…promoting a policy change to a gradual progression from protection to assimilation of Aboriginal people into white community.  However, the legislation continued to provide government bureaucrats and church missionaries with levels of control over people’s everyday lives which would not have been acceptable in non-Aboriginal Australian society in the 1950s.[8]

Aboriginal people moved from a period where their spiritual and physical loci were controlled by, firstly, the Missionaries and, secondly by the Government.  McKnight explains that Mornington Islanders:

…lost control over their bodies in every aspect of their lives, from where they are born in the hospital, to where they are buried, in the local cemetery.[9]

McKnight is talking here about the officials removing mothers to the mainland to have their babies, rather than staying on the Island and being attended to by local women and family, and of burials being ‘westernised’.  Further, the Queensland protectors from the Office of the Director of Native Affairs issued a decree to all Mission Superintendents that every Aboriginal had to have a ‘surname as well as a Christian name’:

Where an adult male Aboriginal has only one name, the father’s name should be the surname, and the Aboriginal’s present name his Christian name.  Thus – Aboriginal ‘Billy’ has a father ‘George’, his correct name for identification pruposes should be ‘Billy George’…In all cases the wife must take the name of her husband for her surname.’[10]

Some Missionaries refused to allow ceremony, others separated children from their mothers and fathers and still others encouraged a system of housing resembling that of the growing suburbs to the south and east, including the village-style accommodation complete with ‘home garden[ing]’.[11]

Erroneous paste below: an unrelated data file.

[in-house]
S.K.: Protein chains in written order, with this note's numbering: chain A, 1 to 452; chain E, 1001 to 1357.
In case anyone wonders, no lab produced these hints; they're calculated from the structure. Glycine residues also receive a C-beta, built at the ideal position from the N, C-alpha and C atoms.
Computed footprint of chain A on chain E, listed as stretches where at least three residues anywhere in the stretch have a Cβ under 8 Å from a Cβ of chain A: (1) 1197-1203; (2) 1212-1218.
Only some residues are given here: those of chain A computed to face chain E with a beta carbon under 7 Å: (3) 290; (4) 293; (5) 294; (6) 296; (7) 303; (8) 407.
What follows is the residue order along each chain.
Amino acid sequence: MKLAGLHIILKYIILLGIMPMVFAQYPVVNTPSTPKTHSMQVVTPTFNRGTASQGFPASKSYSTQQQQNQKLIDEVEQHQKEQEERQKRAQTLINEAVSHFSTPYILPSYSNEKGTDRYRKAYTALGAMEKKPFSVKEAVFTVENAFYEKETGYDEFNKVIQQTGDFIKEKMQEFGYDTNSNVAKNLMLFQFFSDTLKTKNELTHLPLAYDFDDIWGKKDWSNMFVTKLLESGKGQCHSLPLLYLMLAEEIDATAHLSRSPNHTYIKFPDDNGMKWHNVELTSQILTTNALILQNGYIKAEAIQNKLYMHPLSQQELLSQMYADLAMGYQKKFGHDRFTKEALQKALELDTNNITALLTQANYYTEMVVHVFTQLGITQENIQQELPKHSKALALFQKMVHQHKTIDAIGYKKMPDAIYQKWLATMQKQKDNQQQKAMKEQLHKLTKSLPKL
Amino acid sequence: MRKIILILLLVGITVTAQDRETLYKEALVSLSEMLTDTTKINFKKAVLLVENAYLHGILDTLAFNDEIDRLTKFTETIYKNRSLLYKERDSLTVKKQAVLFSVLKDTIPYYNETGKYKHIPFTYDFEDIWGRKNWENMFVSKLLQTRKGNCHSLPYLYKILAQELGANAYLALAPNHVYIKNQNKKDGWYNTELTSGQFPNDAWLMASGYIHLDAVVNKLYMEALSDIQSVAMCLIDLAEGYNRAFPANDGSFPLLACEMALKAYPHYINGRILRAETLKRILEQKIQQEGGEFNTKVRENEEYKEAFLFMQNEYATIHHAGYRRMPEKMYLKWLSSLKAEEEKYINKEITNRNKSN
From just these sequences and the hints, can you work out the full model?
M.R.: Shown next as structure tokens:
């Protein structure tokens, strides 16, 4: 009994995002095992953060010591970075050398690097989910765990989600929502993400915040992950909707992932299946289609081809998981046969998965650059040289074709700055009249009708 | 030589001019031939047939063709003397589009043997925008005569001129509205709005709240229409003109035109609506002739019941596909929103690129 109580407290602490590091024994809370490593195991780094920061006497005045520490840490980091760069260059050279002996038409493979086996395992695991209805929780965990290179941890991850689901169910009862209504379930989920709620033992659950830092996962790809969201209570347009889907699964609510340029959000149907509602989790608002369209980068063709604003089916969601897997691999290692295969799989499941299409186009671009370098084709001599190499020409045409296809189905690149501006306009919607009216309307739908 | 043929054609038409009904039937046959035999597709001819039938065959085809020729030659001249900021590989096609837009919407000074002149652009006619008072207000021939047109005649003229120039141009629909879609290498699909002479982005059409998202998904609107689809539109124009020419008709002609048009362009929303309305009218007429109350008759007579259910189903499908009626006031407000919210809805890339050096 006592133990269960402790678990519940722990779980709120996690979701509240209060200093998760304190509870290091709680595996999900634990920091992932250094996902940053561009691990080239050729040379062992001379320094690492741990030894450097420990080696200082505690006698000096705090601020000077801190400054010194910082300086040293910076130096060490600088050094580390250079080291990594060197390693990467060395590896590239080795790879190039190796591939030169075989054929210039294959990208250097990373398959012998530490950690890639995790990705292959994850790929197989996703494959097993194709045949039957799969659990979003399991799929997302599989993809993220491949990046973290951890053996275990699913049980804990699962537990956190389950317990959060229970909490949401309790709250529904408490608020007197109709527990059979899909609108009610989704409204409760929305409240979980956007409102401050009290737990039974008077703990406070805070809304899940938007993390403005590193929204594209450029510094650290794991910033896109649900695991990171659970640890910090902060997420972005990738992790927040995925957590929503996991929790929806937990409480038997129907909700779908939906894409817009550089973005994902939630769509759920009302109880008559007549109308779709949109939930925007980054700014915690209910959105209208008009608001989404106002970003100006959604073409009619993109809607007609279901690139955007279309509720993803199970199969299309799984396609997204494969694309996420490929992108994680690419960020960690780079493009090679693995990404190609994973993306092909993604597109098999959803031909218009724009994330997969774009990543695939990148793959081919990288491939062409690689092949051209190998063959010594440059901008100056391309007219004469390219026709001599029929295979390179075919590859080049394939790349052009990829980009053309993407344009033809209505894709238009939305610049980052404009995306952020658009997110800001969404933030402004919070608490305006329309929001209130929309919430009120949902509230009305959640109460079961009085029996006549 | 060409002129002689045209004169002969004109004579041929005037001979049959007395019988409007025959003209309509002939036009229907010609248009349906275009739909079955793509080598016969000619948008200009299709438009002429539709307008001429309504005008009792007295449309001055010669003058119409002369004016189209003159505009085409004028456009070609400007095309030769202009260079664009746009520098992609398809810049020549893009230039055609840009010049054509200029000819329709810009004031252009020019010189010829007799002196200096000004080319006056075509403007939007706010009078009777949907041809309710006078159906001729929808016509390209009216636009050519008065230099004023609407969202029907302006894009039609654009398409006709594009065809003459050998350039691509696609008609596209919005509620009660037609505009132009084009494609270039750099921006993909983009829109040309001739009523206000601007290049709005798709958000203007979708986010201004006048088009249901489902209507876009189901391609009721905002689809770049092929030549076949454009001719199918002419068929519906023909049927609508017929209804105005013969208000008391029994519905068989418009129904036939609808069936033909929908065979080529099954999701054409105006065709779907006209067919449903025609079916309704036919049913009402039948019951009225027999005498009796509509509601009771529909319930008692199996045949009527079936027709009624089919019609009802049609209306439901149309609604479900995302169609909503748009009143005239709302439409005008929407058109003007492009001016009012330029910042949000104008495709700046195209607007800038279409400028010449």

The last Missionary however, the Reverend Douglas (and his wife, Doreen) Belcher ‘phased out’ the ‘dormitory system’ and ‘children were returned to life with their parents’[12]

Reverend Belcher must have been something of a fresh breeze of reason in the suffocating years that preceded his arrival.  For instance, Rev. Belcher ‘actually encouraged the people to continue using traditional names’[13] and, as Hodder explains:

Reverend Belcher encouraged the retention of certain aspects of the traditional culture and facets of this were blended into the Christian religious services. [14]

The Belchers’ were instrumental in a number of measures to revive local Indigenous culture (through advancing the work of Gooblathaldin – Dick Roughsey – and encouragement of dance and ceremony).

The Presbyterian Church, for the most part, continued this legacy, advocating for self-management of the community into the 1970s. However, this provision for self-determination was to take a fatal blow when mining interests in Aurukun (on Cape York Peninsula) led to Government intervention in these two communities, to the detriment of all.

More on the Takeover later.

Until then, all the best


[1] McKnight 1999 p. 4

[2] Wharton 2000 p. 23-24

[3] McKnight 1999

[4] Labumore 1984 203

[5] Labumore 1984

[6] Mirndiyan n.d.

[7] Mirndiyan n.d.

[8] Wharton 2000

[9] McKnight 2002 p. 4

[10] Wharton 2000 p. 2

[11] Hodder circa 1980 p. 14

[12] Hodder circa 1980 p. 14

[13] Wharton 2000 p. 22

[14] Hodder circa 1980 p. 14

[15] Queensland Government 2015